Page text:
image with green background. Photo of Frederick Douglass with quote "Power concedes nothing without a demand" in white letters. Photo of Fred Ross Sr. and Dolores Huerta, with quote: "The mark of a good organizer is the attention she pays to the smallest detail" in white letters. Words read: Organizing Rules to Live By in grey letters.

Originally published in January 2022

Recently, I was part of a facilitation and coaching team for a multi-month training program for new organizers in the education space. As a training team, together we have over 150 years of organizing experience. What I learned from that team . . . Wow. Can’t be found in any book.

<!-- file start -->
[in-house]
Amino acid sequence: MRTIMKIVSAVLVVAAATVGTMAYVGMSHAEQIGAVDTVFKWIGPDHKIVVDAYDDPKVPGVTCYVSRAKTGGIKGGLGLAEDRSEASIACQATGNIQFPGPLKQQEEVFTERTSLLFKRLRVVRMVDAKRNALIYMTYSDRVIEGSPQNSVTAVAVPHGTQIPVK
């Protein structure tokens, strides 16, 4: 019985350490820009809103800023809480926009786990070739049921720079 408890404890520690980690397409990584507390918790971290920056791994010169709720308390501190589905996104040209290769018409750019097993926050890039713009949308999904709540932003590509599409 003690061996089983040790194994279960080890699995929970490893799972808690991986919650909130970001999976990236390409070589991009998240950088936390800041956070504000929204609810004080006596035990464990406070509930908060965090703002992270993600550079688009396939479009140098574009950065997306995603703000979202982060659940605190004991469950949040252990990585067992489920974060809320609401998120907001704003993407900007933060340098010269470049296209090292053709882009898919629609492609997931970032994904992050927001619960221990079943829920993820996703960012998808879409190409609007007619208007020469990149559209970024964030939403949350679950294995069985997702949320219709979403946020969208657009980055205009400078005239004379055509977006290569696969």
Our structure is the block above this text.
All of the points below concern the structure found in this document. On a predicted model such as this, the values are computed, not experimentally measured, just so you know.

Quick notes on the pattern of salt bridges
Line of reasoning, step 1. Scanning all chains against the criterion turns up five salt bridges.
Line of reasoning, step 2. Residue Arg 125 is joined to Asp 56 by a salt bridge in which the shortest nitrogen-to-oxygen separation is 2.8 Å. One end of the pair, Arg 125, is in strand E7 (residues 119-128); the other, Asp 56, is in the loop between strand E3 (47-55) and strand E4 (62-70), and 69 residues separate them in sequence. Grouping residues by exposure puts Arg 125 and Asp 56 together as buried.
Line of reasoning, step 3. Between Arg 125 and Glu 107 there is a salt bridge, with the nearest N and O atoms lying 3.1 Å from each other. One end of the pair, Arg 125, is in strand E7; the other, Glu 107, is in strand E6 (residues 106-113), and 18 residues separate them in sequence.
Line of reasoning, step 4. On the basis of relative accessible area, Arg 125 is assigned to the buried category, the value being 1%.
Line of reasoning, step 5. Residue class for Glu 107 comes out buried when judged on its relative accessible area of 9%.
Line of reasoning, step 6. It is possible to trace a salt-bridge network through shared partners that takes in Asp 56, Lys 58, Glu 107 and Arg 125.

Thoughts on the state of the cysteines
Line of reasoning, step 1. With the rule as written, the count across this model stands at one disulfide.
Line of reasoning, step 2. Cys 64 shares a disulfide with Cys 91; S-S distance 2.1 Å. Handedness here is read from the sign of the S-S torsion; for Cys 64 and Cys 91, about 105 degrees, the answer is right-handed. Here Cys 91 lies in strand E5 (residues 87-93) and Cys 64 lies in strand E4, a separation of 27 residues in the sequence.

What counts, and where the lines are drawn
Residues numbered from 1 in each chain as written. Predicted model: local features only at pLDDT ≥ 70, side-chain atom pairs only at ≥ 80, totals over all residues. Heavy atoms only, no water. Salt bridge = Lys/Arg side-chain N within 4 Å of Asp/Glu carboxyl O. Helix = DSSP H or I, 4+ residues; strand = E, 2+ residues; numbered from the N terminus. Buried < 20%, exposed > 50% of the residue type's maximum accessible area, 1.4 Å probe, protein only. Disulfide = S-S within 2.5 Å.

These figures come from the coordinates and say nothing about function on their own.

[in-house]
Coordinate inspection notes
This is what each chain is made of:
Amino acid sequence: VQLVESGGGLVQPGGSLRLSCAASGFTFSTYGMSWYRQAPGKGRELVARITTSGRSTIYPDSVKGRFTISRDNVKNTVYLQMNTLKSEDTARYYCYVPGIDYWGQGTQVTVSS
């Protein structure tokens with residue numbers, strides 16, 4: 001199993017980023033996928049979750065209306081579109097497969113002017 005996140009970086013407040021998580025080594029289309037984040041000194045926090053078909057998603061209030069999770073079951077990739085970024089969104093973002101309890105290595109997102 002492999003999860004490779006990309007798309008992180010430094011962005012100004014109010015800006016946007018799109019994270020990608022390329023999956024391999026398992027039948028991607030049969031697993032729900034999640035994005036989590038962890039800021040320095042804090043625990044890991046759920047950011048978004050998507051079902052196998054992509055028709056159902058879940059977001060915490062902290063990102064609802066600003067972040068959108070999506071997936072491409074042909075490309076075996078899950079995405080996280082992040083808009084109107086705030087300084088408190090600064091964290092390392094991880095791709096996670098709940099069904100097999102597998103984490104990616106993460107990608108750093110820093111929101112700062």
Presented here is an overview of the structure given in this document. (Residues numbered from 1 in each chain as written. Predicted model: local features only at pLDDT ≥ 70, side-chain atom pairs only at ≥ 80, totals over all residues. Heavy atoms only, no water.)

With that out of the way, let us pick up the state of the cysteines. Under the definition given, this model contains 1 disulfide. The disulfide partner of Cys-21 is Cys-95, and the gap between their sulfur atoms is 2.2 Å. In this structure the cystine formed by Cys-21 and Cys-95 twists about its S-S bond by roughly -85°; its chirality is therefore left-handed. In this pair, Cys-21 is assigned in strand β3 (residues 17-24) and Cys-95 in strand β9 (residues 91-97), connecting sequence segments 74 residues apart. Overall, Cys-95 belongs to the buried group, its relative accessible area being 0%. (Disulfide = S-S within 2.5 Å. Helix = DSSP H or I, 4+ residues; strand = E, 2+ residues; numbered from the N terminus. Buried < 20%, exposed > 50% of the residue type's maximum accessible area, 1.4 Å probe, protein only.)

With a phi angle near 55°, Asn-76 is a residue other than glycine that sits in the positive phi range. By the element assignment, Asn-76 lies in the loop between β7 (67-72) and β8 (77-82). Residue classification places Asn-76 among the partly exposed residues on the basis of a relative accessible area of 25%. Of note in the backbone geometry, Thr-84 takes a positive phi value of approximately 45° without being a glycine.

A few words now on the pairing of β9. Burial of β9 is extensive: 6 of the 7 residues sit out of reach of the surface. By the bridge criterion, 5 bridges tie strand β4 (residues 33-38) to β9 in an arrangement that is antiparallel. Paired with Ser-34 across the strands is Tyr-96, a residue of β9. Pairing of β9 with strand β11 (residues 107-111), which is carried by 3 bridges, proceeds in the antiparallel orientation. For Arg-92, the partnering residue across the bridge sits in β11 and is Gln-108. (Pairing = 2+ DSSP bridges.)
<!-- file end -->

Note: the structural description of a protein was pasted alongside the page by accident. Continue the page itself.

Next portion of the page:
Over six months of the training, I heard us share many traditional and not so traditional organizing truisms.

I call them “Organizing Rules to Live By.”

With appreciation and thanks to the Community Organizer Training Program facilitation team, here are the top 10, with attribution where appropriate.

  1. Iron rule: Never do for someone what they can do for themself. (Industrial Areas Foundation)
  2. “The mark of a good organizer is the attention she pays to the smallest details.” (Fred Ross, Sr.)*
  3. People are experts in their own lives.
  4. We can’t be afraid to talk about power.
  5. Solutions should be led by those closest to the problem.
  6. “Organizing is transformational.” (Cathy Sarri, my first organizing supervisor)
  7. People do things when we ask them.
  8. Never thank people for doing something that benefits them.
  9. “Power concedes nothing without a demand.” (Frederick Douglass)
  10. Organizing is bringing people together to build power.